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Mimosa pudica L. 1753
pronounounced: mim-MOH-suh pud-EE-kuh
(Mimosaceae – the wattle family)
common name: Sensitive Plant
Mimosa comes from the Greek μιμος (mimos), an imitator, mimic, because of the movement of the leaves; pudica is from the Latin pudicus, shamefaced, bashful. This is a creeping annual or perennial herb often grown for its curiosity value: the compound leaves fold inward and droop when touched or shaken, re-opening minutes later. The species is native to South America and Central America, but is now a pantropical weed. In Australia it is naturalized in the Northern Territory, Cape York Peninsula, north-east Queensland and as far southwards as south-eastern NSW. The plants photographed are in a lawn: frequent mowing has given them a prostrate habit. Given favourable conditions, these plants can reach a height of a metre or more.
There is a slightly woody branched taproot to 1 m, with thin feeding roots bearing nitrogen-fixing nodules. The stems of the plant are a reddish purple in colour, 30–150 cm long, branching profusely with numerous recurved spines, particularly near the point of attachment of the leaves.
The small dark green leaves are pinnate, consisting of 1 or 2 pairs of opposite segments each with about 12–25 pairs of opposite oblong or linear pointed leaflets 9–12 mm long and 1.5 mm wide with hairy margins. The leaves fold against the branches, not only when touched, but also at night.
The flowers are fluffy heads, purplish to pink, just under 1 cm in diameter, borne on prickly stalks 1.2–2.5 cm long amongst the leaves. On close examination, it can be seen that the floret petals are red in their upper part and the filaments are pink to lavender. The flowers are pollinated by wind and insects.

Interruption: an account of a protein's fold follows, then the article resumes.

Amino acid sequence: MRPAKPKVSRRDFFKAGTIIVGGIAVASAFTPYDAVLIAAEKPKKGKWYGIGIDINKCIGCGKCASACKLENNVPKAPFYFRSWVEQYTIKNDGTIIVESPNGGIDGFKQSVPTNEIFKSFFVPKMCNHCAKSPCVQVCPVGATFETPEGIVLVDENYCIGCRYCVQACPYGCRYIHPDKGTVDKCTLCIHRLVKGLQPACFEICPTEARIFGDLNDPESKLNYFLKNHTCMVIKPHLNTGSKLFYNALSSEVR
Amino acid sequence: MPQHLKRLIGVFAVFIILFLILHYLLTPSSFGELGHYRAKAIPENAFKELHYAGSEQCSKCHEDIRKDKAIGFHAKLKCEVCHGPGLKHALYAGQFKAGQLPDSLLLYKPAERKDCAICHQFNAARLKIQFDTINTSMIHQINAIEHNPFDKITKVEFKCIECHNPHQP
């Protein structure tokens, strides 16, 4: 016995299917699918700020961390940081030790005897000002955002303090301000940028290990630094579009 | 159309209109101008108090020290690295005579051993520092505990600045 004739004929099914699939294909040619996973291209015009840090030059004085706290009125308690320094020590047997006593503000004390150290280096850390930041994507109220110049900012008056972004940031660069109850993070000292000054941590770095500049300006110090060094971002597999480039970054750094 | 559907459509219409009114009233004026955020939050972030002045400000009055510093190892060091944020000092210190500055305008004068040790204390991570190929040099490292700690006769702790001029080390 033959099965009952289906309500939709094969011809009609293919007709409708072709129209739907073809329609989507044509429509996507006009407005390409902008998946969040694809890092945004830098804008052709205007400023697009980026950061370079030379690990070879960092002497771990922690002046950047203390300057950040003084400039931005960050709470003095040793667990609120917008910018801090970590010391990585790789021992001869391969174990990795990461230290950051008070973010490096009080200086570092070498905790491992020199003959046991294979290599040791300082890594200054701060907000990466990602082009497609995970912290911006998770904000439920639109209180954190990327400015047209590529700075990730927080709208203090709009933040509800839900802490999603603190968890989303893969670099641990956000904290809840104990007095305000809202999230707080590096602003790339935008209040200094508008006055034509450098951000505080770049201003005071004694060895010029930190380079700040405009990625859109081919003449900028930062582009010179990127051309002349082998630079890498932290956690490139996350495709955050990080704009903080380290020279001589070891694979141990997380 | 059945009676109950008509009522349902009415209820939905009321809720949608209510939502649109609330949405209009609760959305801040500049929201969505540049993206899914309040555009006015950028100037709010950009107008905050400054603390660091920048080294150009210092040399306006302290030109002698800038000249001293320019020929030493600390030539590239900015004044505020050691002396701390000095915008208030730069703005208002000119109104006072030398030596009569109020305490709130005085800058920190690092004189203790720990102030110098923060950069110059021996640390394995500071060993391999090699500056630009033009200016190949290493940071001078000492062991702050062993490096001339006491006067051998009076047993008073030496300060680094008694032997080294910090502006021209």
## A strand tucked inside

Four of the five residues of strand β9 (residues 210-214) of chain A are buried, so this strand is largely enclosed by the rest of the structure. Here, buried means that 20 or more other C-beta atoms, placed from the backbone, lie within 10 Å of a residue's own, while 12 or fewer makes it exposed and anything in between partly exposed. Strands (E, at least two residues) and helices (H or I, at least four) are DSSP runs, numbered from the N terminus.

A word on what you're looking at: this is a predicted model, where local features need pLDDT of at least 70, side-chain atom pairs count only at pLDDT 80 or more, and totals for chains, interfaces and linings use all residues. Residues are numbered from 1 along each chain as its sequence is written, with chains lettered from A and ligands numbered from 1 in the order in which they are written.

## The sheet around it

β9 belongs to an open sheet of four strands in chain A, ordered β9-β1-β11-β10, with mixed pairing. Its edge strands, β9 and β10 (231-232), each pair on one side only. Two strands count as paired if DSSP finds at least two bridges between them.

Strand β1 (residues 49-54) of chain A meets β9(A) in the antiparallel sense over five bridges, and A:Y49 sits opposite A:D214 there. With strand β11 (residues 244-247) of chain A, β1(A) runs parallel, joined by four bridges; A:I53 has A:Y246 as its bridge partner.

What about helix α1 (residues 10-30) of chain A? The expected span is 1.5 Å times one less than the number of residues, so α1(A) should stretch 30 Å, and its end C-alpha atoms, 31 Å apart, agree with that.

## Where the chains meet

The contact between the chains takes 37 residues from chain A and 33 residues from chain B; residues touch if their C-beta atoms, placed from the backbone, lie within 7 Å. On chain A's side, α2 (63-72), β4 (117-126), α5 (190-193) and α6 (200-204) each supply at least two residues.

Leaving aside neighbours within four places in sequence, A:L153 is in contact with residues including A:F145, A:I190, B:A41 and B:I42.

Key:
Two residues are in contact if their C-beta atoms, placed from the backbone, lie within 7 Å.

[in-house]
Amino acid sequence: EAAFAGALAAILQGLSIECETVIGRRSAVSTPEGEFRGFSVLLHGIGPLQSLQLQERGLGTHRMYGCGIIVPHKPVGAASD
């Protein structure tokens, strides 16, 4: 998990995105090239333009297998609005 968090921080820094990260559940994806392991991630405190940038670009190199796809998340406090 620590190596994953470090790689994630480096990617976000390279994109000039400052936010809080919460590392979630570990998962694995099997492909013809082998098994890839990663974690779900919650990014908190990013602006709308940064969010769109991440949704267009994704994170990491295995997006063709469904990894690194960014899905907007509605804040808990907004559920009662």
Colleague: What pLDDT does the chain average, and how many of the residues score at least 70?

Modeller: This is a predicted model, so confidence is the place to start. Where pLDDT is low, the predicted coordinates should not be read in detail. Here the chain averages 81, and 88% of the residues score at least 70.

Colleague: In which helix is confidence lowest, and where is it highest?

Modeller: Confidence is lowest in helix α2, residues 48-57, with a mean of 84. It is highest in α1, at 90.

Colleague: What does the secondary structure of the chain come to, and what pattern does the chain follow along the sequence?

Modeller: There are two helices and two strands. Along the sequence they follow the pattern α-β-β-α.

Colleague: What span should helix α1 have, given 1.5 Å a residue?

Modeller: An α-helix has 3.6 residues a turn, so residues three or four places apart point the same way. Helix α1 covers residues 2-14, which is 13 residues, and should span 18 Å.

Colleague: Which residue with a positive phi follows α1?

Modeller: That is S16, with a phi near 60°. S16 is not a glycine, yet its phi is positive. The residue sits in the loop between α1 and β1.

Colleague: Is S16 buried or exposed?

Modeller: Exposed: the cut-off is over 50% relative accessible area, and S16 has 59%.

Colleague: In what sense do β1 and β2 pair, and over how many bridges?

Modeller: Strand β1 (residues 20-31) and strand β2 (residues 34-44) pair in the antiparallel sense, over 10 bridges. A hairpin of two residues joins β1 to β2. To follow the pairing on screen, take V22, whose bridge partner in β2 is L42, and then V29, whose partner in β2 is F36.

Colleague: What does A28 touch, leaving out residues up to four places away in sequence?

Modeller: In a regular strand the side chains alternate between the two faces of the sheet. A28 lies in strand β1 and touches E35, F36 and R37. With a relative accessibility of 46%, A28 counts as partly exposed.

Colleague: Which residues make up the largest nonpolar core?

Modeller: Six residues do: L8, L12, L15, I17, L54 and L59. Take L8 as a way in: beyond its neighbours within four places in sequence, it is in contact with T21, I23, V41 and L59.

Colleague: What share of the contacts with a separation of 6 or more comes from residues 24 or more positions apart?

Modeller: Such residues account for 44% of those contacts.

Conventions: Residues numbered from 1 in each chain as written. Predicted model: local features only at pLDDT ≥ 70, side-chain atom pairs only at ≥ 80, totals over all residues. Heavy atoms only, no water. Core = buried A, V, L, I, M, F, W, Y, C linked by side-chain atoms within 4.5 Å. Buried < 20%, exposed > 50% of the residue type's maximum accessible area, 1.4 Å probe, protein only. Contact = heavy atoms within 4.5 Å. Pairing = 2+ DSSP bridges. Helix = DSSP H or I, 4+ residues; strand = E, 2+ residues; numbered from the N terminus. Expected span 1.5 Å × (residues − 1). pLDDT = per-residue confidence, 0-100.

The fruits are pods 1–2 cm long and 3–6 mm wide, flat, constricted between the seeds, containing up to 5 seeds; they are pointed at the apex and edged with prickles, breaking up into one-seeded segments when ripe to release the seeds, or dehiscing along both margins, but in either event leaving the thickened margin and bristles forming a hairy spider-like structure. The seeds are light brown, flattened, with a slightly granulated surface, 2.5–3 mm long. They have hard seed coats, and this restricts germination.
In contemporary medicine, the plant is being investigated for its potential to yield novel chemotherapeutic compounds. It contains an alkaloid called mimosine, which has been found to have potent antiproliferative (slowing the spread of cancerous cells) and apoptotic (killing cancerous cells) effects.
An interesting piece of trivia: aqueous extracts of the roots of the plant have shown neutralizing effects on the lethality of the venom of the monocled cobra (Naja kaouthia). It appears to inhibit the myotoxicity† and enzyme activity of the cobra venom.
† cause of muscle paralysis
Information about medicinal qualities of plants, or about their use as medicines, is for interest only, and is not intended to be used as a guide for the treatment of medical conditions.
Photographs taken 2011, 2012, Picnic Bay
Page last updated 30th Decmber 2016